Keeping it in the family. George and Geraldine’s latest chick gets its bands while older sibling Short-tailed Albatrosses dance together on Midway Atoll

Holly Parsons Short tailed Albatrosses George and Geraldine after Jonathon Plissner
Pointillist portrait of
Short-tailed Albatrosses George and Geraldine by ABUN artist Holly Parsons for ACAP’s World Albatross Day on 19 June, after a photograph by Jonathon Plissner.  Geraldine is the darker bird in front on the nest.  Acrylic on 16x20-inch canvas board

The 2023/24 chick produced by the well-known pair of Vulnerable Short-tailed Albatrosses Phoebastria albatrus on the USA’s Midway Atoll was given its metal and colour bands by U.S. Fish and Wildlife Service Biologists Laura Brazier and Jon Plissner on 17 April (click here).  This is the fifth chick to be reared (out of six breeding attempts) by the atoll’s lone Short-tail (or Makalena) pair, known affectionately as George and Geraldine.  All four previous chicks successfully fledged and two of them have been seen regularly back on the atoll’s Sand Island as juveniles.

Chick banding 17 April 2024 Jonathon Plissner 2
Held for banding.  The Short-tailed albatross chick is noticeably larger than the surrounding Laysan Albatross chicks, photograph
by Dan Rapp

“The day before [banding] Jon Plissner and the Papahānaumokuākea Marine Debris Project crew observed much more than just the 4-month-old chick that is often left alone at this age.  The father was sitting next to the chick as the mother was snoozing close by and two of the chick's siblings, one that hatched in 2019 the other in 2022, were dancing with each other within a few feet of the nest.  Perhaps one day this exciting and additional Makalena activity will attract other mature birds from across the Pacific to join them.”  So will the second pair of Short-tailed Albatrosses to breed on Sand Island be brother and sister?

Chick banding 17 April 2024 Jonathon Plissner 4 
The 2023/24 Short-tailed Albatross chick gets plastic colour band green AA01 on its left leg
, photograph by Dan Rapp

Access previous posts to ACAP Latest News about George and Geraldine here, and view more paintings of Short-tailed Albatrosses produced by Artists & Biologists Unite for Nature (ABUN) for this year’s World Albatross Day and its theme “Marine Protected Areas – Safeguarding our Oceans” in an ACAP Facebook photo album.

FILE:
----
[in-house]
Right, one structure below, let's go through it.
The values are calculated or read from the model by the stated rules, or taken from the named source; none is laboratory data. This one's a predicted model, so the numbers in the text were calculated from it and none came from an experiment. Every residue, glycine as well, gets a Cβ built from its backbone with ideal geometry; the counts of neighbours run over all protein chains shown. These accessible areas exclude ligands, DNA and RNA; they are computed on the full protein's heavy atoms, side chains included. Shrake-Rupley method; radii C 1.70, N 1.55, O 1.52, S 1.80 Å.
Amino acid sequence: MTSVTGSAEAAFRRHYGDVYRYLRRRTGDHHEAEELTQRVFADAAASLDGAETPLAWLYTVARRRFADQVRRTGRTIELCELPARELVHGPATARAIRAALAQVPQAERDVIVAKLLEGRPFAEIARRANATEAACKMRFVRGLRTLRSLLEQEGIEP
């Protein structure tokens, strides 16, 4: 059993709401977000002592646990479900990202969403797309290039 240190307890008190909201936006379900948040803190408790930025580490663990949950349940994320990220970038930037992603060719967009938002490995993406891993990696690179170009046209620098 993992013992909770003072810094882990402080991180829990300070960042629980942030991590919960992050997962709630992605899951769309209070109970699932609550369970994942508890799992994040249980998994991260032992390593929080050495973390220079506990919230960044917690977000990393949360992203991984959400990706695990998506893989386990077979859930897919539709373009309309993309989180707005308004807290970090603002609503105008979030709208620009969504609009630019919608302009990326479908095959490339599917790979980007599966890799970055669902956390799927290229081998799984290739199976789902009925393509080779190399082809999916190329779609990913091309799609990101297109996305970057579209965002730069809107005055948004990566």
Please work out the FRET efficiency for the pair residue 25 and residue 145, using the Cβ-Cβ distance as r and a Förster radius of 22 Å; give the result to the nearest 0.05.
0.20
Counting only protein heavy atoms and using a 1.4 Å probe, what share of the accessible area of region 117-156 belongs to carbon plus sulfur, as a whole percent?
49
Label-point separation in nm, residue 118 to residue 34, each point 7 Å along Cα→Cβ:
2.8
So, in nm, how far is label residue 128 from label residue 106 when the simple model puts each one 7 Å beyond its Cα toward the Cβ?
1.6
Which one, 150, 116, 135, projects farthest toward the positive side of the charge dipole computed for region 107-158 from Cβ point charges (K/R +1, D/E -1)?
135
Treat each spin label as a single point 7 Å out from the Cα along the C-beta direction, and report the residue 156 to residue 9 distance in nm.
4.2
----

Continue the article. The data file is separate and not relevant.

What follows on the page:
Other news from Midway is of the latest annual nest count of Black-footed P. nigripes and Laysan P. immutabilis Albatrosses as reported on the Facebook page of the United States Fish & Wildlife Service.

“Every December for over 30 years, a dozen incredible volunteers arrive at the atoll in the middle of the Pacific Ocean to count every Laysan (mōlī) and black-footed albatross (ka’upu) nests.  It takes weeks of systematic walking, hand counting, and in some cases, methodically repeating a specific section to double check.  This year the team counted nearly 500,000 mōlī nests and a little less than 30,000 ka’upu nests.  The counts typically rise and fall in alternating years, sometimes by as much as 20%, and the reason for the pattern remains unknown.”

Watch a video of Midway’s annual albatross count in progress by Dan Rapp, United States Fish & Wildlife Service.

John Cooper, Emeritus Information Officer, Agreement on the Conservation of Albatrosses and Petrels, 30 April 2024

The Agreement on the
Conservation of Albatrosses and Petrels

ACAP is a multilateral agreement which seeks to conserve listed albatrosses, petrels and shearwaters by coordinating international activity to mitigate known threats to their populations.

About ACAP

ACAP Secretariat

119 Macquarie St
Hobart TAS 7000

Tel: +61 3 6165 6674